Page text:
Published quarterly by the Faculty Development and Diversity Program
- Schwartz Rounds Aid Clinicians - Focus is on the social, emotional and ethical aspects of practice
- Office Visit - ACE-PC volunteer preceptor Bryan K. Lee overcame odds and now inspires others
- Faculty Rounds - A welcome to new faculty colleagues
- View Point - Striving: Our Defining Characteristic
by Julie A. Freischlag, Vice Chancellor and Dean
Do you have an interesting topic you would like to see featured in a future issue? If so please contact Cheryl Busman at (916) 703-9230 or email@example.com.
SCHWARTZ ROUNDS AID CLINICIANS
Focus is on the social, emotional and ethical aspects of practice
The strands by which a terminally ill patient clung to life in the intensive care unit were fragile and weakening when he asked to be taken outdoors to look up at the blue sky one last time. Clinicians felt deeply conflicted by his request. Removal from the ICU, even for a few moments, would have been logistically difficult and medically inadvisable. Physicians were compelled to deny the request of the patient, who died within the week. But even after the patient’s body was wheeled out of the ICU, the members of his clinical team could not easily forget his pleading expression.
While modern medical education teaches physicians, nurses and therapists the physiological techniques to sustain life, they alone must come to terms with the emotional toll of caring for patients with degenerative or terminal illness. UC Davis clinicians now have an outlet in which to discuss and work through the emotional aspects of clinical care.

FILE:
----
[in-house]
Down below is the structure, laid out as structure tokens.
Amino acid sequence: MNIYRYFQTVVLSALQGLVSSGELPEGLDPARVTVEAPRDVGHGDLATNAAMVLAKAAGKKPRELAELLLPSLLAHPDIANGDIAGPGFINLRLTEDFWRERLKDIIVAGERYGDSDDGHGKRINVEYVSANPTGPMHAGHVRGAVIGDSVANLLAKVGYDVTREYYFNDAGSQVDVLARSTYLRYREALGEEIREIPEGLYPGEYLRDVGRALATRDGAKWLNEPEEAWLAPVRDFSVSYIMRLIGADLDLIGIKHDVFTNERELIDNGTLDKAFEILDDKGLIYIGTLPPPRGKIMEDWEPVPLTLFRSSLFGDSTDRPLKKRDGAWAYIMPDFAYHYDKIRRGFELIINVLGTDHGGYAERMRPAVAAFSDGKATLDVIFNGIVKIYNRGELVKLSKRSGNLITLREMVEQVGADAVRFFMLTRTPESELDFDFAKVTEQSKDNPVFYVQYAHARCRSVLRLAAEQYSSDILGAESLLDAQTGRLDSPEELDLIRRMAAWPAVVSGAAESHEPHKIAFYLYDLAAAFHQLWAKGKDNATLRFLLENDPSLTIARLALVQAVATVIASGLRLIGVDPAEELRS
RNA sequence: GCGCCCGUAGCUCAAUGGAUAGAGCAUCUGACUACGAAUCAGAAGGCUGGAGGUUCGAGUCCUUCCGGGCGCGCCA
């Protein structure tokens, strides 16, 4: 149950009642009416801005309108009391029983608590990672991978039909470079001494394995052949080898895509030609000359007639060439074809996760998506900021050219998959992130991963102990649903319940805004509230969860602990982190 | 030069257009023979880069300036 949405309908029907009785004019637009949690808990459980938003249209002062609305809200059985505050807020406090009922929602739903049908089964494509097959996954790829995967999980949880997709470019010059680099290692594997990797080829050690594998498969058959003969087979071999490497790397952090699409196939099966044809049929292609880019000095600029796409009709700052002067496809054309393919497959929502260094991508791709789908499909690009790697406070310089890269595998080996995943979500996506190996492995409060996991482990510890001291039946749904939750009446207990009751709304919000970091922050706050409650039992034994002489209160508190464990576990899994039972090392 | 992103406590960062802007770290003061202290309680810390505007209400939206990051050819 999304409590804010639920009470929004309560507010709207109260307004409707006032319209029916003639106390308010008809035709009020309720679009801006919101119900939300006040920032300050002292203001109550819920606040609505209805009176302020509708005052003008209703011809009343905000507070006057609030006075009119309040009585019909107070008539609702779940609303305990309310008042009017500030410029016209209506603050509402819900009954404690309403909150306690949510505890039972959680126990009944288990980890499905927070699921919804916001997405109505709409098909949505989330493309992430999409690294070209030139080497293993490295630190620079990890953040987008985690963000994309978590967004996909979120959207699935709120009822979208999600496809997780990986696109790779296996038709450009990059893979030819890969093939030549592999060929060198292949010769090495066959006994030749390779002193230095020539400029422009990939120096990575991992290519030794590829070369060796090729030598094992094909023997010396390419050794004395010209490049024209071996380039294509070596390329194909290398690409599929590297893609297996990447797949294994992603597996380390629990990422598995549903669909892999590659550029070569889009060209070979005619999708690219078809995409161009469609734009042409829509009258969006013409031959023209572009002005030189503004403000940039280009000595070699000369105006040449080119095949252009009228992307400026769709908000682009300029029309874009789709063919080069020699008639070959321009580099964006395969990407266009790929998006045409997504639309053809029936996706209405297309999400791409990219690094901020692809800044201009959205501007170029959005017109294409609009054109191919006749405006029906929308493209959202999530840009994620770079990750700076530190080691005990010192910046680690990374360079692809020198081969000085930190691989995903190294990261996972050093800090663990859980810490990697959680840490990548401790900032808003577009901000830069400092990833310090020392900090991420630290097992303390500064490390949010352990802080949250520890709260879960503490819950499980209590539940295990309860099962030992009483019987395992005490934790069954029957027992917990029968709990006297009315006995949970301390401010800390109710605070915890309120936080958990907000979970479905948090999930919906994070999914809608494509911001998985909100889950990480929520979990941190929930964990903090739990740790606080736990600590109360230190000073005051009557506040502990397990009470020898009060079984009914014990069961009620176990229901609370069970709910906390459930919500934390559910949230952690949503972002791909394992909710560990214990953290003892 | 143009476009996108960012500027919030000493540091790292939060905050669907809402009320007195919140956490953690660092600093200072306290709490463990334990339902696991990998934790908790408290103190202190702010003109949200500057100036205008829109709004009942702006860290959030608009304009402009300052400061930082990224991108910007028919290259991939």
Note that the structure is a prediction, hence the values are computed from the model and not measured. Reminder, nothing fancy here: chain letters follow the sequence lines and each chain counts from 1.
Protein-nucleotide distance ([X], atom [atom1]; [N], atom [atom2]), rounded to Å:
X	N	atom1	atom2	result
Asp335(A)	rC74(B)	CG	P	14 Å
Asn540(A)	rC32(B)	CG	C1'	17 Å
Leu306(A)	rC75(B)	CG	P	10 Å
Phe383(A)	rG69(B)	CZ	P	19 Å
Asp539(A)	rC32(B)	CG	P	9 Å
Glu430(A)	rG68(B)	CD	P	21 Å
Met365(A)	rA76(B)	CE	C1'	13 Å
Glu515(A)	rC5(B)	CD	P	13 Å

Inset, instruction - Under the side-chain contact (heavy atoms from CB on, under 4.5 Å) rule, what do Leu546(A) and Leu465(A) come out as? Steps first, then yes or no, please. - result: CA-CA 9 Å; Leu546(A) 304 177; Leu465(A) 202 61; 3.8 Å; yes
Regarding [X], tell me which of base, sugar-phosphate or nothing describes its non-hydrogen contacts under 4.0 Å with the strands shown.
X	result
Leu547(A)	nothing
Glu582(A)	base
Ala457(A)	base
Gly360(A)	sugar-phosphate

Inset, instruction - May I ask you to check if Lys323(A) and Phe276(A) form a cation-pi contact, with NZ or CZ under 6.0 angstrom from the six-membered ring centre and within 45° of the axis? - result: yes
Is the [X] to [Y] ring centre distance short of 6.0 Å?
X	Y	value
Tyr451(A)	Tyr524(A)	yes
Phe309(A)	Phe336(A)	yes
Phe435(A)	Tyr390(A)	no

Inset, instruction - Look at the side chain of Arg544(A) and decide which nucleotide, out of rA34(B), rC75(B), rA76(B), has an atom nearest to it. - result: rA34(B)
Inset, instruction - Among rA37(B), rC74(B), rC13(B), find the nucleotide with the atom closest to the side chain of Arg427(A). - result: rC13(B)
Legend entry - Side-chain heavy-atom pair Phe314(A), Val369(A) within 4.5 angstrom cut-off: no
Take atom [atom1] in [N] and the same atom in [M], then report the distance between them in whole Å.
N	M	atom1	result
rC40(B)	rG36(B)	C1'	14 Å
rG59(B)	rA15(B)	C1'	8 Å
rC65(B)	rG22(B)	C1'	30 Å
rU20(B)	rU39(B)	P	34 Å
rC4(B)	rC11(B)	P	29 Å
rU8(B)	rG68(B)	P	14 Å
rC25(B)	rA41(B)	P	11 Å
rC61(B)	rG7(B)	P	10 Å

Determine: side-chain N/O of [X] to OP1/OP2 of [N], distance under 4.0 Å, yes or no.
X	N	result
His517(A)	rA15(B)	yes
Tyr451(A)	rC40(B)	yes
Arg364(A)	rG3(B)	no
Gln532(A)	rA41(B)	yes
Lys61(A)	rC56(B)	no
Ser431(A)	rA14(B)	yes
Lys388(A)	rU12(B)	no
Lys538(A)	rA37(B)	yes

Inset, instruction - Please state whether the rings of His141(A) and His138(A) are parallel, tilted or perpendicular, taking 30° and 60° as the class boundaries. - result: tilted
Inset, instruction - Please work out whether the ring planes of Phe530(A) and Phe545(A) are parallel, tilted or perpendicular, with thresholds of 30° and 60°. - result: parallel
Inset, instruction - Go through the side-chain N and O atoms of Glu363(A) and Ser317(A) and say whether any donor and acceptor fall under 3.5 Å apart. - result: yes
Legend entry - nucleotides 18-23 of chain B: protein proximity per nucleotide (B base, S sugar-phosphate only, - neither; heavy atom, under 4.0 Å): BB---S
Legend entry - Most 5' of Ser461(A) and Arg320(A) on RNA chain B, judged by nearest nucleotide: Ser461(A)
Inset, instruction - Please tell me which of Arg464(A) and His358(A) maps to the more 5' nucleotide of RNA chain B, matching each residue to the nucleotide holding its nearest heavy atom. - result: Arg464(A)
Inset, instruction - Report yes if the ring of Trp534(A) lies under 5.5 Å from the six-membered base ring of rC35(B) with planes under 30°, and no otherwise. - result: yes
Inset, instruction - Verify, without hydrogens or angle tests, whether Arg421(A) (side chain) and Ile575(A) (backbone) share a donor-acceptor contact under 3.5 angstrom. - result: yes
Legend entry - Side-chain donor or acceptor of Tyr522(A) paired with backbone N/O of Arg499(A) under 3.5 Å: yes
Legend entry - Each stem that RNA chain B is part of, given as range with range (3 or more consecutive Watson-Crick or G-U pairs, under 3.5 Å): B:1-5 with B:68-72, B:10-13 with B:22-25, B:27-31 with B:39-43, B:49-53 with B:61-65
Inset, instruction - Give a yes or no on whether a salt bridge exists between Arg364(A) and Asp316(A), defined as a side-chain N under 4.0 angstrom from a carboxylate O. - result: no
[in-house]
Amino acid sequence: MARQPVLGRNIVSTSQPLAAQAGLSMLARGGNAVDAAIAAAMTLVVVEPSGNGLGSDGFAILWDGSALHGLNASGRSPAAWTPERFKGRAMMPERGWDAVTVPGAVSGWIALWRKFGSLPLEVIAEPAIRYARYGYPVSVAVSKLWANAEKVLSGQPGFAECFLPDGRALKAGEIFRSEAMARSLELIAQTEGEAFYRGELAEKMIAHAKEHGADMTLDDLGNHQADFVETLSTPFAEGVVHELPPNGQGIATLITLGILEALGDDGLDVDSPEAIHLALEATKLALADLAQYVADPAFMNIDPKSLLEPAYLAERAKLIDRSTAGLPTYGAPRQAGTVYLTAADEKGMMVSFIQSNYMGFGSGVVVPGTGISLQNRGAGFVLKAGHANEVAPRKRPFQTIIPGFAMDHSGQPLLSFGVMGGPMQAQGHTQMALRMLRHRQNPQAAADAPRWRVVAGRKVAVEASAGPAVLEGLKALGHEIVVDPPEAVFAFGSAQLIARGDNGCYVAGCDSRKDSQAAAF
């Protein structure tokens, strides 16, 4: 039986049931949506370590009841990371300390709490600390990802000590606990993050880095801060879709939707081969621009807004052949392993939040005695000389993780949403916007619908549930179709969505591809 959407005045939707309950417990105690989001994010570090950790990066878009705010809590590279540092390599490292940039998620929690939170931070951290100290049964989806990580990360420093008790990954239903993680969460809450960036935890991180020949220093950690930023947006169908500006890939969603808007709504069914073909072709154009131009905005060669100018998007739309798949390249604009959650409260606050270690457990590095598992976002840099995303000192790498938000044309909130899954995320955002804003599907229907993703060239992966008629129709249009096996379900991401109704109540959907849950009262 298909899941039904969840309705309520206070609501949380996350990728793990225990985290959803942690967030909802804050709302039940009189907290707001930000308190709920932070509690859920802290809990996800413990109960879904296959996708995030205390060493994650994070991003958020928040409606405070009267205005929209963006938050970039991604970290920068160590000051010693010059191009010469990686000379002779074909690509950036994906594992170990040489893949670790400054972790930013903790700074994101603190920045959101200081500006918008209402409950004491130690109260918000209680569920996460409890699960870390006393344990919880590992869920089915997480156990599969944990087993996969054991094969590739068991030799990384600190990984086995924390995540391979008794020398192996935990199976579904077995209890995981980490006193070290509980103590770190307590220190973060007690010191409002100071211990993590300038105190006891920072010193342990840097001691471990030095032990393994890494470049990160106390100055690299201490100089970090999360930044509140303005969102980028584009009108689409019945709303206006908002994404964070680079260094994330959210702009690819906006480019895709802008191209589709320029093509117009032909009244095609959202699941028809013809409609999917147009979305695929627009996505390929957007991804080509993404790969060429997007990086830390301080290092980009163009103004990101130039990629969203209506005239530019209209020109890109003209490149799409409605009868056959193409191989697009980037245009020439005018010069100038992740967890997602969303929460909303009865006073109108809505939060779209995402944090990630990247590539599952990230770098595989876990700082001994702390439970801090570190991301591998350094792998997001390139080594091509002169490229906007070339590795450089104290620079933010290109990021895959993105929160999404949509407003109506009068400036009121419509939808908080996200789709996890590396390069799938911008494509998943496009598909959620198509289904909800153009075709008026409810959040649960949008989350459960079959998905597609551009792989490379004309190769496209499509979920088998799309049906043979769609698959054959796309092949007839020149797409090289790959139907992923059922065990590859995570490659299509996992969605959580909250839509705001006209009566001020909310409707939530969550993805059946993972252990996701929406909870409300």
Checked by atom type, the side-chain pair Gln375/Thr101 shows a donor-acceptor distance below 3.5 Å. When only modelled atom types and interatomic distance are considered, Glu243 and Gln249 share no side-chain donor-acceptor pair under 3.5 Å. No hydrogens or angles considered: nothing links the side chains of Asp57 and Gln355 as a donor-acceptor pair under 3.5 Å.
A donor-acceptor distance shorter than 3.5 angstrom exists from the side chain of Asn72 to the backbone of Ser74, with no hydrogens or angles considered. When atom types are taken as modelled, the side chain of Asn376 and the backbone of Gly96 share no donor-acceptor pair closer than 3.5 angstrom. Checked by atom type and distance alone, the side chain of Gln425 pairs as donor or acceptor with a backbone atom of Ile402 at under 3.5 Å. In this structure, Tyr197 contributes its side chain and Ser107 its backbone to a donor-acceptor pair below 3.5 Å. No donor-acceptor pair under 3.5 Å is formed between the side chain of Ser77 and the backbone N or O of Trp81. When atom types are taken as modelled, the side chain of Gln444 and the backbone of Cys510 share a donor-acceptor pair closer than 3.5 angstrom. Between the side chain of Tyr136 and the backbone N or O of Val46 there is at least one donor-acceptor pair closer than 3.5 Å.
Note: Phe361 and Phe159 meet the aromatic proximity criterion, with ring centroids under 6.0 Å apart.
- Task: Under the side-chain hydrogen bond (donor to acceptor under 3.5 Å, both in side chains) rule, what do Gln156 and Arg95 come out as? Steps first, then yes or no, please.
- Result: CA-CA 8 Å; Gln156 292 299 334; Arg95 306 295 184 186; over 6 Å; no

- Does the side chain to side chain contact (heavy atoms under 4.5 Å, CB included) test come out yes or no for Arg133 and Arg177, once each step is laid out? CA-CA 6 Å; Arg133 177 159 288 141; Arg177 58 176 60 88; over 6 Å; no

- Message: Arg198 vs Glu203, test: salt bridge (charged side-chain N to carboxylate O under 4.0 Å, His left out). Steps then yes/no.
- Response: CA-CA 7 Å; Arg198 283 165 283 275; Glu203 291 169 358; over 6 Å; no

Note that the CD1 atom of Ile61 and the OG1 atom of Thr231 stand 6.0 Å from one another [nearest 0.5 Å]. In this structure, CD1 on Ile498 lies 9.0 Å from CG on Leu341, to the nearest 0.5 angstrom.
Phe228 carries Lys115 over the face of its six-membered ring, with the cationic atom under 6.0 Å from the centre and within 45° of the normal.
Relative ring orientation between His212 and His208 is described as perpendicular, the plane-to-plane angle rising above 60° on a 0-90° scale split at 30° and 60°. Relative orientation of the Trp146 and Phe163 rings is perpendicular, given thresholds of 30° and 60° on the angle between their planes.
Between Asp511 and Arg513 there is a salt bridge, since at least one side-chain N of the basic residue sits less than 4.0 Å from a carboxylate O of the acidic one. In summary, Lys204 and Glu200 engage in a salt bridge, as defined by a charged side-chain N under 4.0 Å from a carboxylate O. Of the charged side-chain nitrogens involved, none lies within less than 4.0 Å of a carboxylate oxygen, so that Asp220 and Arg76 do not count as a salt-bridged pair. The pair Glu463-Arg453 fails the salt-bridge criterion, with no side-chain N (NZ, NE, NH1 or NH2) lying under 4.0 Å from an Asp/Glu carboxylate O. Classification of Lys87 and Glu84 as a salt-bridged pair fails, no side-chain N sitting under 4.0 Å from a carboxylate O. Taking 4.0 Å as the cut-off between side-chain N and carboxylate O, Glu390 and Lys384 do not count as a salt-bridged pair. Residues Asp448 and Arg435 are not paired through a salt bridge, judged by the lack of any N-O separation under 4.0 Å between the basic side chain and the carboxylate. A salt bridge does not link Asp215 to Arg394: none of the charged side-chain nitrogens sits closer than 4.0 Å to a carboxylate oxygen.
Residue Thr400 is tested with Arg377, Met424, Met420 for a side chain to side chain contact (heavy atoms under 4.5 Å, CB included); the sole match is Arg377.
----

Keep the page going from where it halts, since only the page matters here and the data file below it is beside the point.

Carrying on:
Schwartz Rounds Planning Group
Back row, from left: Janice Noort, NP; Eric Moore, RN; Monica Miller, RN; Marjorie Trogdon Shock, LCSW; Pouria Kashkouli, MD
Front row, from left: Susana Becerra, LCSW; Laura Nakagawa, LCSW; Adelaide Sit, RN; Nathan Fairman, MD
UC Davis Health is among more than 400 institutions nationwide affiliated with the Schwartz Center RoundsTM program developed by the Schwartz Center for Compassionate Healthcare in Boston. In these monthly discussion sessions, clinicians can gain insights about ways to improve communication under difficult circumstances with patients and family members, as well as strategies to strengthen the caregiver-patient relationship by exploring their own emotional and psychosocial responses to patient care. The focus in Schwartz Center Rounds (SC Rounds) is not on clinical matters, but rather on interprofessional, personal, existential and psychological aspects of caring for patients.
In a typical SC Rounds session, a multidisciplinary panel of clinicians presents a patient case history that raises intricate social or emotional questions. Following the brief panel presentations, audience members share thoughts and feelings based on their own related experiences. Discussion topics have included caring for abused children, treating patients undergoing amputation or other disfigurement with sensitivity, and shortcomings of advanced directives. This past February, the discussion focused on caring for transgender patients. Participating clinicians say they have found the sessions enlightening, informative and instrumental in enhancing compassion and improving interprofessional relationships.